Gem dealer donates GBP40,000 stone to raise funds for Fine Cell Work.
A 60-carat Mozambican aquamarine worth £40,000 has been donated to prison charity Fine Cell Work for inclusion in its raffle.
Profits from the sale of 1,000 raffle tickets will assist the charity in its bid to rehabilitate imprisoned offenders through teaching craft, art and design skills.
The cushion-cut gem, which was donated by merchant Guy Cluttercuck, will be presented to the winning ticket holder on November 20 2014.
He explained: “I genuinely believe in this cause. In Sweden where I lived for many years, the prison model equips detainees with skills and education to give them the chance to rebuild their lives upon release – it makes total sense. Here in the UK we need to give people skills; help them to maintain their relationships with their loved ones, and have a realistic sum of money when they are released to ensure there is less temptation to reoffend.”
Jewellery designer and former head of design at Garrard and Asprey, Georgina Skan, has offered to design a setting for the gem for the lucky winner, funded by a 1,500 donation from Fine Cell Work.
Managing director of Fine Cell Works, Victoria Gillies, says: ‘This is a remarkably generous gift, and a wonderful opportunity for someone to win a gemstone beyond anyone’s wildest dreams.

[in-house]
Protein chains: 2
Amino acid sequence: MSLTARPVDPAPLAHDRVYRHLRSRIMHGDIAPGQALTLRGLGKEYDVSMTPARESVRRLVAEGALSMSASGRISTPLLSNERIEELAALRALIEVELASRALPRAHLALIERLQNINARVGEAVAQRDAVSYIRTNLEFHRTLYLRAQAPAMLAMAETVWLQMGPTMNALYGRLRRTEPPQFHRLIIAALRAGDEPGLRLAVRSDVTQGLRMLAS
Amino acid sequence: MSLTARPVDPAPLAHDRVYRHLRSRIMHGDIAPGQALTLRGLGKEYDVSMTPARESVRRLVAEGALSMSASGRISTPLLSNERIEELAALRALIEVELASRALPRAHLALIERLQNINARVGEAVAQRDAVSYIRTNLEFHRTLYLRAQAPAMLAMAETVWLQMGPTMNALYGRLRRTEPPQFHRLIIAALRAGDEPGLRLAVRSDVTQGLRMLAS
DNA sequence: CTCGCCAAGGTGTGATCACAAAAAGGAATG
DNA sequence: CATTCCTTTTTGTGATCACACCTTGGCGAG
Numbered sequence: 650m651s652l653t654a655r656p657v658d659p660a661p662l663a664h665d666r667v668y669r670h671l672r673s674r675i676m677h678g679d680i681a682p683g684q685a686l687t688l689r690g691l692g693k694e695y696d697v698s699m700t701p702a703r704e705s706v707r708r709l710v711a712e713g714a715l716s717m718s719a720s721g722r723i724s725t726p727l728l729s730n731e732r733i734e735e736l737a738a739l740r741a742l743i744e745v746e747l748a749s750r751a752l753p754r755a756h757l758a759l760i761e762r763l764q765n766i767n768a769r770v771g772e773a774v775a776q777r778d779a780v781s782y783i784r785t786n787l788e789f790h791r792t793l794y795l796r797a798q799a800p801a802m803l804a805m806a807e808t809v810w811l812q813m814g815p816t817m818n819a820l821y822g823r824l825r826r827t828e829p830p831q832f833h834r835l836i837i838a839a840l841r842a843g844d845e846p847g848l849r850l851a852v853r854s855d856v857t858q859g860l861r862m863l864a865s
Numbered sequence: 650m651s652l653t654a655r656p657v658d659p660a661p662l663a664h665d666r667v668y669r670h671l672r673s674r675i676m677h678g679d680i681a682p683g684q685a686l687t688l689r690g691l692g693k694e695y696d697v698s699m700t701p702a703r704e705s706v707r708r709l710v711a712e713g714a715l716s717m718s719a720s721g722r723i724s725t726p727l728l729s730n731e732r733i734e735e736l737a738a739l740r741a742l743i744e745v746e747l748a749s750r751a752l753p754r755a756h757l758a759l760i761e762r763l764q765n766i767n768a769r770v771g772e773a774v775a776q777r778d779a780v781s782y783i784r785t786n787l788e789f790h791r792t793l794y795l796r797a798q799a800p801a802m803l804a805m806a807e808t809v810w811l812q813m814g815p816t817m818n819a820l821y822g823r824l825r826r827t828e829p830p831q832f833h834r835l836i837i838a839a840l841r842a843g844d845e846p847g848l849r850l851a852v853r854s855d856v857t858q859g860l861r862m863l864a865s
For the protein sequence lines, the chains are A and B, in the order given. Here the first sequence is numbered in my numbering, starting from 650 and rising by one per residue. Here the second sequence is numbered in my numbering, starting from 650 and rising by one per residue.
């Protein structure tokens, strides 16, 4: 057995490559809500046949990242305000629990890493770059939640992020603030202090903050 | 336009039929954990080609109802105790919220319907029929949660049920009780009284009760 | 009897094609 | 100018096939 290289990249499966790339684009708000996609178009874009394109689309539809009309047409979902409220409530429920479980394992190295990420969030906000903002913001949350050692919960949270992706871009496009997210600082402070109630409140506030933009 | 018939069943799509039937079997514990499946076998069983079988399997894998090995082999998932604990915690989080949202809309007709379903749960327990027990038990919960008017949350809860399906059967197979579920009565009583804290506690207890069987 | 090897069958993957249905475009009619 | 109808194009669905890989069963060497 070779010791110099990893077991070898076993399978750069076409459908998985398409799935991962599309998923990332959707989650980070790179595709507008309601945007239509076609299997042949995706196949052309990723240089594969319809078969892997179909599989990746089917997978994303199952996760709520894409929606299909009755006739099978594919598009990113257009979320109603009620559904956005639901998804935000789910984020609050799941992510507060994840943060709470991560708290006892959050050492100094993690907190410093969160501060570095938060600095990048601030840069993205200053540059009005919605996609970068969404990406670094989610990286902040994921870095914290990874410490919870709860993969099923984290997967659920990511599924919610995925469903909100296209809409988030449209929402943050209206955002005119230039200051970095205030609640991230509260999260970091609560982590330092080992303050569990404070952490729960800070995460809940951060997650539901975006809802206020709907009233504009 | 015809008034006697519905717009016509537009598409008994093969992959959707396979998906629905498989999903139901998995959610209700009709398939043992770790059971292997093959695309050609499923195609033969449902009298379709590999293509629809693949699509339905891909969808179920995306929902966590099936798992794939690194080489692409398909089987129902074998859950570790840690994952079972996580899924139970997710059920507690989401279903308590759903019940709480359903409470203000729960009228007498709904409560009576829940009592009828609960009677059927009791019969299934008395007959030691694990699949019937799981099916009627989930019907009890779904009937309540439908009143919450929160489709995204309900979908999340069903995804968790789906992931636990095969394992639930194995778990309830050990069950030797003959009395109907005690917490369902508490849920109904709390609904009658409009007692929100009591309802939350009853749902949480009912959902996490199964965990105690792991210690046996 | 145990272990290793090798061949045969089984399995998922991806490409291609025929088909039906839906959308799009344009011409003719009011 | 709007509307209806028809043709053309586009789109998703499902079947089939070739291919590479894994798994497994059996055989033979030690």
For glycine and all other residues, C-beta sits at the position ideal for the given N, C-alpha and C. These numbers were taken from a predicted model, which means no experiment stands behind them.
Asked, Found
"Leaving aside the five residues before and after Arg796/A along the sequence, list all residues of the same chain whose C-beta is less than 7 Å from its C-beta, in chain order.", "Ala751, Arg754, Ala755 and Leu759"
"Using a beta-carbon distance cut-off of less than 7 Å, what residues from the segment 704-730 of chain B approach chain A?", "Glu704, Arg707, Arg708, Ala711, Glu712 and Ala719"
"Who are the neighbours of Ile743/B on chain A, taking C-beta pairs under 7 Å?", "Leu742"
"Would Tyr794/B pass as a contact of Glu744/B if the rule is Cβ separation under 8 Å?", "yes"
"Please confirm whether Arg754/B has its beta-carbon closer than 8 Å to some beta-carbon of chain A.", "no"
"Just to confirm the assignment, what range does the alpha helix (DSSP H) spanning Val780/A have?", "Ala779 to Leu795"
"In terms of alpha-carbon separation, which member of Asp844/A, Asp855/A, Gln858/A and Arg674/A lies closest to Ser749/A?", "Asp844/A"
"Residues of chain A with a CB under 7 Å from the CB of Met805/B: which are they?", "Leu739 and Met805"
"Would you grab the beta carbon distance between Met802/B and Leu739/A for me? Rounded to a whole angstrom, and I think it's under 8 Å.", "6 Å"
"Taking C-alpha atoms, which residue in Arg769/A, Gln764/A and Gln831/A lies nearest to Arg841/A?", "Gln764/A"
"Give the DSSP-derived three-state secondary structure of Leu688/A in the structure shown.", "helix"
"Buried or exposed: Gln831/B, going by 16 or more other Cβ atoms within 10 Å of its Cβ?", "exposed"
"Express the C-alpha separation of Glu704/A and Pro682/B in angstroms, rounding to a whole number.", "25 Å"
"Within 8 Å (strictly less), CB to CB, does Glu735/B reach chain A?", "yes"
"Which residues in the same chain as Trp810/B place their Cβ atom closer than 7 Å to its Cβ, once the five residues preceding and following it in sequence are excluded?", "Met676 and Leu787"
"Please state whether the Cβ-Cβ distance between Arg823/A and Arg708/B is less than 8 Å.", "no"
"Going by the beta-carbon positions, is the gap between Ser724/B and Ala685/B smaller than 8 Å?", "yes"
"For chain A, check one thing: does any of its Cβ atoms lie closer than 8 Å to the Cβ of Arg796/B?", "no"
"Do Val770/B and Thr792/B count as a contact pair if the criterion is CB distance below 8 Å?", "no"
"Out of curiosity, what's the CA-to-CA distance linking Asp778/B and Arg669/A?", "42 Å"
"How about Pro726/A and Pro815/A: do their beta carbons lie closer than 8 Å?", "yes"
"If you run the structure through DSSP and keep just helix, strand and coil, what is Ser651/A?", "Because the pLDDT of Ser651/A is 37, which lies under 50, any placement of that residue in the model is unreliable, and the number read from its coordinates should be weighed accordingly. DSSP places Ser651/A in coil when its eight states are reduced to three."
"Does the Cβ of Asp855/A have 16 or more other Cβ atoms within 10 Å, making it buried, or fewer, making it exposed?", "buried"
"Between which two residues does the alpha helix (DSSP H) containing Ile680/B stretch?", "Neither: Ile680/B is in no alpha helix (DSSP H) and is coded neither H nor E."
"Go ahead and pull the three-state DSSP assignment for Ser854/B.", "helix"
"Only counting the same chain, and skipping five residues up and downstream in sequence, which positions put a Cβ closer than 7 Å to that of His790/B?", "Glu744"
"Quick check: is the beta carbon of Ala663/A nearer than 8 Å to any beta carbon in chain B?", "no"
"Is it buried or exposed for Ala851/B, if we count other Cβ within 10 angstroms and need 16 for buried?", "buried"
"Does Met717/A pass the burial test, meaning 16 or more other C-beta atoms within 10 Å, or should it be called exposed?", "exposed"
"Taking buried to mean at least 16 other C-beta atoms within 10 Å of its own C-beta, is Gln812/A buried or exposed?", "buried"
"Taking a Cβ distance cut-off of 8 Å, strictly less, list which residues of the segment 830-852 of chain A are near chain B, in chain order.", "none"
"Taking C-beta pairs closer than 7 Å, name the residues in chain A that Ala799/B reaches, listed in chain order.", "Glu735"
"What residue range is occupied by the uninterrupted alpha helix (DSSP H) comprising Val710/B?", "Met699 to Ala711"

"At Fine Cell Work we and our army of volunteers work every day with prisoners to help to turn their lives around – we’re delighted to have such a unique chance to raise money to continue that work. Buying a raffle ticket might change your life, by winning you this beautiful stone – and it will certainly change the lives of those our charity works with.”
Raffle tickets cost £50 and are available from Fine Cell Work’s website. The winning ticket will be drawn by event patrons, actor Daid Morrissey and author Esther Freud, at an exclusive party at the Foreign and Commonwealth Office. The prize draw aims to raise £50,000.
Fine Cell Work is a social enterprise that trains prisoners in paid, skilled, creative needlework — undertaken in the long hours spent in their cells — to foster hope, discipline and self esteem. Fine Cell Work is done in 24 prisons with 450 prisoners each year, 97% of whom are men.